Winter so far in southern New England? A piece of cake. But it's not finished just yet.
There's an odd fascination with the DISTINCT end of winter.
I can't tell you how many times people have asked 'is it over?'...'how about now?'....'is THIS the end of winter?' Frankly whether you are into Meteorological Winter, Astronomical Winter, or go away winter...the season isn't over until the atmosphere decides to warm up. In March, that atmosphere, particularly the upper atmosphere, is plenty cold. It's still transitioning out of the cold dark days of January and February. And so the *potential* for winter to show up in spurts is on the table well into April. The upcoming stretch is a good reminder that even after a spectacularly warm start to the month, you can never truly write it off this early.
Very impressive cold in swoops in Friday night into Saturday. These are temperatures at 850mb (several thousand feet up) but translate to mainly 30s at the surface: Source: Weatherbell
The stage setter arrives Friday, with a strong polar front diving down through the area during the day. Rain showers and, behind them, some snow showers, will push through as the winds pick up and the cold air pours down from Canada. By the overnight, we're talking wind chill in the 10s and air temps in the 20s. Still time to use that fireplace! With such a chilly air mass in place we'll struggle to even leave the 30s on Saturday, except for the coastal plain. And in reality that's not very unusual...it will only be about 6º below average. Typical for mid-March.
Cold air is still entrenched on Sunday, and this is when we turn our attention to the coast. There are still some delicate atmospheric moves that need to take place, and there are questions as to where the exact track will end up. But chances are increasing that an 'insider runner' track up through New York or an 'all out to sea' track into the Atlantic are both unlikely. At least *some* impact to New England is in the cards Sunday PM into Monday morning, and the next couple days will provide a better idea as to how much rain/snow we're talking about here. Unfortunately there's just no skill/ability to talk totals or exact rain/snow lines 4 days in advance. But the potential for some big snow totals (>6") is there.
This has been speeding up a bit as model guidance latches on to the timing of the energy responsible for the storm. It looks like rain/snow could move in as early as Sunday afternoon, especially across SE Mass. Then that would fill in during the evening/night from east to west. That timing is key because there are a ton of St. Patrick's related events going on, including Southie's parade. A little faster and we could have some issues on our hands. So definitely stay tuned for updates on when this all moves in.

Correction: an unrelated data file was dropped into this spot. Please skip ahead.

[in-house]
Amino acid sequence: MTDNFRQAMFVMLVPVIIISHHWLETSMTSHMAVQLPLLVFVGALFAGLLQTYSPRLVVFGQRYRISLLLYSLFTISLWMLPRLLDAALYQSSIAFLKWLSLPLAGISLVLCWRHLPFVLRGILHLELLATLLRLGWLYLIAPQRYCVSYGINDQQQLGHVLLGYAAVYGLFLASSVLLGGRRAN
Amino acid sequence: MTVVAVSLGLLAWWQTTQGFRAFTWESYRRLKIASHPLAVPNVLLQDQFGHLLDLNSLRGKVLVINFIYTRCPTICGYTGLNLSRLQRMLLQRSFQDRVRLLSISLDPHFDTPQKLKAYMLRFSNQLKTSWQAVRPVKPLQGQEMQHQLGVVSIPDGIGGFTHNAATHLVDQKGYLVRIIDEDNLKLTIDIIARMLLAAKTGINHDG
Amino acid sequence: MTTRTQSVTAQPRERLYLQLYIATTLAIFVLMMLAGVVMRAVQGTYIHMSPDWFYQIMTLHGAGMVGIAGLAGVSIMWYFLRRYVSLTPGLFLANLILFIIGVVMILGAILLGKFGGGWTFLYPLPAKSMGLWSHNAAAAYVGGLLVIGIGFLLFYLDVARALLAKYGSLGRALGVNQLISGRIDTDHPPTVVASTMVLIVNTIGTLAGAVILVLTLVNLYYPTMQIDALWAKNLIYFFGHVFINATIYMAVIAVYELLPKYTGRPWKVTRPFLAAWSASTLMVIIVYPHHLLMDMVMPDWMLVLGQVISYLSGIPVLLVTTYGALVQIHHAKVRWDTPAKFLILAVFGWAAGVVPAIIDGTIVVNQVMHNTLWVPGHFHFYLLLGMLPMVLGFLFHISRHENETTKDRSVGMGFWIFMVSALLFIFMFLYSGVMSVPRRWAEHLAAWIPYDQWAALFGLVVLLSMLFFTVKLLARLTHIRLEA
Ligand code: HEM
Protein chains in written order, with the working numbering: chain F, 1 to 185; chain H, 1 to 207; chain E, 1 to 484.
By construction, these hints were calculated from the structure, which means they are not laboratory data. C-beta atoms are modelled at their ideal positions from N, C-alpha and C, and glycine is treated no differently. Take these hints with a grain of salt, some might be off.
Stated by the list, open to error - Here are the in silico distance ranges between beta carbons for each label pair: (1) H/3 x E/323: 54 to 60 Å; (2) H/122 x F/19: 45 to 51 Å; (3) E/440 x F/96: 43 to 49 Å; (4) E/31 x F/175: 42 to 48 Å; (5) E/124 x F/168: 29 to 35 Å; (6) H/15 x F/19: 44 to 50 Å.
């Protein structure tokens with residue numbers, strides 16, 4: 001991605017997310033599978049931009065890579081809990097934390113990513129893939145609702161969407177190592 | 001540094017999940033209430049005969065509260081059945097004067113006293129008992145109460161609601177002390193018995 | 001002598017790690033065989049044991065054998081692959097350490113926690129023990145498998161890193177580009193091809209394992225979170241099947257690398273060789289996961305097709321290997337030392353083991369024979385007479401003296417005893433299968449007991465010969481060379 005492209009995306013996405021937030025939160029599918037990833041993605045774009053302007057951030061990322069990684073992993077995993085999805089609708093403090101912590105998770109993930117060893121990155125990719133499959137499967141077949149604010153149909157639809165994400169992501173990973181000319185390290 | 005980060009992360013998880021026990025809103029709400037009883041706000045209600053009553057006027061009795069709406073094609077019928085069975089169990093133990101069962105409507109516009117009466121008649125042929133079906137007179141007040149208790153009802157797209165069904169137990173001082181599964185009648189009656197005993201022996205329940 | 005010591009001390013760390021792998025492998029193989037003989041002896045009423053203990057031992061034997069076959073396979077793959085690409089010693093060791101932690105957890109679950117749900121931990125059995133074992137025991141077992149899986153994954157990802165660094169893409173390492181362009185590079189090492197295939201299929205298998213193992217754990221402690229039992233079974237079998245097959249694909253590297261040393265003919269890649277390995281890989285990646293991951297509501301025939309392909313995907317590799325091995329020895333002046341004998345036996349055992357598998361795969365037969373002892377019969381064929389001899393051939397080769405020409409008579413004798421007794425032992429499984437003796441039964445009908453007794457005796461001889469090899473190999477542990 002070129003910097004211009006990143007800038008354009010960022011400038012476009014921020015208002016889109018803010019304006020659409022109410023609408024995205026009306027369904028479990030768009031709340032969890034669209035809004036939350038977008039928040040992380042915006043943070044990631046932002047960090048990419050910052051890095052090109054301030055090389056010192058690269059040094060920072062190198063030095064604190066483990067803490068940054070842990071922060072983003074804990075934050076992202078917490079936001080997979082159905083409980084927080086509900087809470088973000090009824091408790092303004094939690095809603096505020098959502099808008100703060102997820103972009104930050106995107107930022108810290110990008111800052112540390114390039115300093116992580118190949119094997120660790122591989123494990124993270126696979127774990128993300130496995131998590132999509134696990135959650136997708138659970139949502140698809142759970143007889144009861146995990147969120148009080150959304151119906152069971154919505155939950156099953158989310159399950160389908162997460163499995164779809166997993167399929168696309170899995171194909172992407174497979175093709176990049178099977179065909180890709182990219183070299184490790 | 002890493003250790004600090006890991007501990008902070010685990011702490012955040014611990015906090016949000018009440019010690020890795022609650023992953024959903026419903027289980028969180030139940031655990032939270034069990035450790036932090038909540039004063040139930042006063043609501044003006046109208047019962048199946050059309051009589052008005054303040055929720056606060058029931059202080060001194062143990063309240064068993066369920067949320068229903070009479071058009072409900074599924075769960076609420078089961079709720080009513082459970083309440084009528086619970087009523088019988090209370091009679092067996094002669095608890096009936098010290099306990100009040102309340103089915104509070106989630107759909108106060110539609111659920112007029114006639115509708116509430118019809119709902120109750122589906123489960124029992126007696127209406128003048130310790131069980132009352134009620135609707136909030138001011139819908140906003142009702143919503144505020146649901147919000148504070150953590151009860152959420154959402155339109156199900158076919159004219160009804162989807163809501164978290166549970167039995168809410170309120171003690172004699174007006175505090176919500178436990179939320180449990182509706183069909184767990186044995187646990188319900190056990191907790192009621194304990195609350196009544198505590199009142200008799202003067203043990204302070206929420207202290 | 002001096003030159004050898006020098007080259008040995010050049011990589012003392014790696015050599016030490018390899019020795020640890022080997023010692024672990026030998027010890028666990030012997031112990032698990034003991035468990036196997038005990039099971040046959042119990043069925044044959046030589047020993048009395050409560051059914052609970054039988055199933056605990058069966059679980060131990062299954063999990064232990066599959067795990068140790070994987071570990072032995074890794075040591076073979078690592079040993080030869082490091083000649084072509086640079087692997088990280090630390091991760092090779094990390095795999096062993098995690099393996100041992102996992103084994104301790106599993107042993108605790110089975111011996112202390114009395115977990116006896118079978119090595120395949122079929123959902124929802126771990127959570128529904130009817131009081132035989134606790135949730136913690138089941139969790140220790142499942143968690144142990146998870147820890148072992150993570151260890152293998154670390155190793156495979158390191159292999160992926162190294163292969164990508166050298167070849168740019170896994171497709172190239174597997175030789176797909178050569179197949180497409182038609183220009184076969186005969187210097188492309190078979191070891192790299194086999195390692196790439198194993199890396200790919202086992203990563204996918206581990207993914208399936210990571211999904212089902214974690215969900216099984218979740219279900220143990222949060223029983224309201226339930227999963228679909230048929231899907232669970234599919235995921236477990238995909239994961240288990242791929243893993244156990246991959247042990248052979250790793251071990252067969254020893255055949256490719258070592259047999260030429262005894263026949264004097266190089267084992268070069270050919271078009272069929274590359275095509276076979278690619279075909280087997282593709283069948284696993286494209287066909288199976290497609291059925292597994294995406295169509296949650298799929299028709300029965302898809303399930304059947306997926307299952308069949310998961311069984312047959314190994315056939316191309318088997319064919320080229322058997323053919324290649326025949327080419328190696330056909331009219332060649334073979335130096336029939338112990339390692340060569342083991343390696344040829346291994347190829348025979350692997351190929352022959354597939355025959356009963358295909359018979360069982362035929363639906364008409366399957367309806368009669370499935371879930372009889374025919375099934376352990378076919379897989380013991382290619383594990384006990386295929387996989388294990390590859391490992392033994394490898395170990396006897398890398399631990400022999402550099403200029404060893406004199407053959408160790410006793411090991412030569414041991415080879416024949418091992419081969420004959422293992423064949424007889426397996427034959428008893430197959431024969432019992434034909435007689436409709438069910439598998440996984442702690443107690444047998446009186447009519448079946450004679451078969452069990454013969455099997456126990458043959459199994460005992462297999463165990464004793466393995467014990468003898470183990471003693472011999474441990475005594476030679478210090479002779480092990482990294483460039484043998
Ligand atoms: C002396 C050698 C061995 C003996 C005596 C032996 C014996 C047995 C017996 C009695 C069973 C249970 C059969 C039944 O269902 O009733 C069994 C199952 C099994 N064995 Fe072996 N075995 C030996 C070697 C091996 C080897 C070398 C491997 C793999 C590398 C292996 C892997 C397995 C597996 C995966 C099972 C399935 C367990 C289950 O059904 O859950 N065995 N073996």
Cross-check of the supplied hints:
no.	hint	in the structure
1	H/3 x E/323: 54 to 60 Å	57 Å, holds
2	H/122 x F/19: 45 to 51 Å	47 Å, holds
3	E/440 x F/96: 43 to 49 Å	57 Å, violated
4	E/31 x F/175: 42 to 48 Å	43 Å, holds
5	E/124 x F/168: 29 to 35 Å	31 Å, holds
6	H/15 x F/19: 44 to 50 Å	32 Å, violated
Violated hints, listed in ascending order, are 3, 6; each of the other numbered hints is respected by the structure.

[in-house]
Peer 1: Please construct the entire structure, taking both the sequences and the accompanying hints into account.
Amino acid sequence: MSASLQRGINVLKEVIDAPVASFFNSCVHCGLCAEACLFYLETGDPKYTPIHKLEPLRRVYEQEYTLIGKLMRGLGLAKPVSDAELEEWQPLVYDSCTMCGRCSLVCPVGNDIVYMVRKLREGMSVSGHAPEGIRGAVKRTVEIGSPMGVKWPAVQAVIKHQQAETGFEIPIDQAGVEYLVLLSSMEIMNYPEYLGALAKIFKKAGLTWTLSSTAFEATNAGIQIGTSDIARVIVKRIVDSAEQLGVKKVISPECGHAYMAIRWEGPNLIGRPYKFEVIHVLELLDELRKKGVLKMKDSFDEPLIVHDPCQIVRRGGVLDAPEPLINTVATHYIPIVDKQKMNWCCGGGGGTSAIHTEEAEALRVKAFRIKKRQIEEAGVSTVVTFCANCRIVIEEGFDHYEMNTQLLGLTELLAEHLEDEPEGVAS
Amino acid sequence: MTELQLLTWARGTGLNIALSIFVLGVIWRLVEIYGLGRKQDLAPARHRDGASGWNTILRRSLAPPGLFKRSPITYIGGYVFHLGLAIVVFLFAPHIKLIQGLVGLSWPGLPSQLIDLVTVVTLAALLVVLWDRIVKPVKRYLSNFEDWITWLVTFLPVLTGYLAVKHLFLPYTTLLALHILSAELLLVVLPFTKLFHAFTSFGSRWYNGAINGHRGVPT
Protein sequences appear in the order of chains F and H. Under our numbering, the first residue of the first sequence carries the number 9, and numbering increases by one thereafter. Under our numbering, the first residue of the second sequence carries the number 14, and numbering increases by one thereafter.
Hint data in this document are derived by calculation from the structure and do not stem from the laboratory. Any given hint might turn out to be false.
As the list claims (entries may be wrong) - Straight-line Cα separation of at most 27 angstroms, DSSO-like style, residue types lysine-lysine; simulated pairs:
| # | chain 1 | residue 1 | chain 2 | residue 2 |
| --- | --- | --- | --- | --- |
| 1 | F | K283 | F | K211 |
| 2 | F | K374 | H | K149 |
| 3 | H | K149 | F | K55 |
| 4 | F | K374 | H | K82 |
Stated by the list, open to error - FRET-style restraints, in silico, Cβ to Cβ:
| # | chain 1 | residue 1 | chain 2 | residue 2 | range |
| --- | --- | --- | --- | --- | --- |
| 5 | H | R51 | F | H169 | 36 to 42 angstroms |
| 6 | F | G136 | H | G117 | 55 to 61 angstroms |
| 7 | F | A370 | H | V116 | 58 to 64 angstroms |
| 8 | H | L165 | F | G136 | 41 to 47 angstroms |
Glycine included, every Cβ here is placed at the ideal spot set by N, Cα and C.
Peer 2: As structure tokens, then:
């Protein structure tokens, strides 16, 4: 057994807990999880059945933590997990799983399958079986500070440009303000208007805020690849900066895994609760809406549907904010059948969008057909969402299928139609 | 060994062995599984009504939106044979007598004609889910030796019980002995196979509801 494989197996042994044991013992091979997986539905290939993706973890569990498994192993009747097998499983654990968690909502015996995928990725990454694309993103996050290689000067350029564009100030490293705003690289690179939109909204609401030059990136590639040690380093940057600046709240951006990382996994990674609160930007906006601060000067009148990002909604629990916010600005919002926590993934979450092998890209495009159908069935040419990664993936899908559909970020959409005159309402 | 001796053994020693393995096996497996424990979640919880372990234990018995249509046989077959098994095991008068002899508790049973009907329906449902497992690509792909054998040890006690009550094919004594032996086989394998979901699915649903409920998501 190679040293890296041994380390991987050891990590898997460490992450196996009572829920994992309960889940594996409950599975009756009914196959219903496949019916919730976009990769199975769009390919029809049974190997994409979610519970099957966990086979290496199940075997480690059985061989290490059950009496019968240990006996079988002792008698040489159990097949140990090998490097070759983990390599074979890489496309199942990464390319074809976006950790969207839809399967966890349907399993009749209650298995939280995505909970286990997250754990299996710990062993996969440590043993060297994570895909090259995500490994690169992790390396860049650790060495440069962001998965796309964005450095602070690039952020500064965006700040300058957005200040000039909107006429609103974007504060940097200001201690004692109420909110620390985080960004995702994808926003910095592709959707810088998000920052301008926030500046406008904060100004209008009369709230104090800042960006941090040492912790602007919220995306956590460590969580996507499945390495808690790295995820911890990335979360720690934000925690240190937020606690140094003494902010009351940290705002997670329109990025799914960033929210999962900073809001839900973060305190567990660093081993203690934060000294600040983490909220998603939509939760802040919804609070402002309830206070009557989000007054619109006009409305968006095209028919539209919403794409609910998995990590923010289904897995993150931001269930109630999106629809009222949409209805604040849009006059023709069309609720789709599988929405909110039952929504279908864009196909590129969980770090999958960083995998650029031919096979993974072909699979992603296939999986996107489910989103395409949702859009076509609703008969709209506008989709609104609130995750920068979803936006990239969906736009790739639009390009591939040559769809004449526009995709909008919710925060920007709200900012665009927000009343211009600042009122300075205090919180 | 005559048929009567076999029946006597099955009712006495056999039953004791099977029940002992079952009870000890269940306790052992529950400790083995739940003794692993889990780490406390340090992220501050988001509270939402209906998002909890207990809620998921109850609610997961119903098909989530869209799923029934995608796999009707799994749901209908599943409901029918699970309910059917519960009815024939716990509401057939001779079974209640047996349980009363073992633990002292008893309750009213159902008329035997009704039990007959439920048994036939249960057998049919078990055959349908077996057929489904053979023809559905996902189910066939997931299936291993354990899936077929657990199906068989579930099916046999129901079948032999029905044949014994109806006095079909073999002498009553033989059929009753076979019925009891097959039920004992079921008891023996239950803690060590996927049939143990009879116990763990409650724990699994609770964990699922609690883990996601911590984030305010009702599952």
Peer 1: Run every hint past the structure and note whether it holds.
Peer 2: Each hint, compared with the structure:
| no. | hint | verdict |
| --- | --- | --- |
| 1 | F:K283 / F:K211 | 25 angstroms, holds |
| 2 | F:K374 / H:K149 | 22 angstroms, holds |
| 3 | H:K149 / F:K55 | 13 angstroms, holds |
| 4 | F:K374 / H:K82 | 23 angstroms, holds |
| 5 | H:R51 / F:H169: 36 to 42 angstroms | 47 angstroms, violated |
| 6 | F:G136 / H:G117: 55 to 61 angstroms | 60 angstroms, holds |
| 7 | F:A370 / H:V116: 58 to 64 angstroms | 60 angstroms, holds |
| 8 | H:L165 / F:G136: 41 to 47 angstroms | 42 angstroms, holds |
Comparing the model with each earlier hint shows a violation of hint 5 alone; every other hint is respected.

As for departure, there's good news for Monday business/vacation travelers, etc. It looks likely that the storm starts pulling away early Monday morning, so that most of the day we'd just be dealing with gusty and cold conditions. That places the majority of our rain/snow during Sunday night.
Snow or Rain:
There's a tendency for models to place storms a little too far east when looking days in advance, and then start to move back west as the storm approaches. I think this is a strong possibility here. As mentioned above the completely out to sea scenario doesn't look like a strong candidate for this...so the question becomes how far west will it end up? A low that tracks inside the benchmark (40N, 70W) will bring rain into the Cape, Islands, and Boston area for at least a time...holding down accumulations. A track right over it likely ends up producing a strong coastal front that helps to dump snow along and west of 128. A track a bit farther east brings snow to far eastern MA, particularly the Cape, but not much of anything to the west.
So we have a few scenarios still to sort out. I think the most likely case is actually one that's close to the benchmark, bringing a change to coastal rain but some significant snow for much of the area. Could there be a shift out east? Yes, there's still uncertainty. But I would plan for this potential.
Wednesday's 12z EPS showing most members clustered close to our coast, with only a few renegades out to sea. Still, there is a spread in outcomes to consider. Source: Weatherbell
Will It Melt Right Away:
Not in the following 48 hours, with some very cold air for late March swinging in. Tuesday looks quite cold (30s) with a touch of moderation on Wednesday. So it won't all run down the gutters immediately. But the weather looks much warmer toward the end of the week with some significant melting of any snow that falls. Such is often the case with late season storms - there's just too much daylight (and at a steeper angle) for it to survive for long. Especially fresh snow, which melts more readily than old snow.
A shot of warmer air arrives next week, but not until Thursday. Immediate *fast* melting of any snowfall isn't expected. Source: Weatherbell
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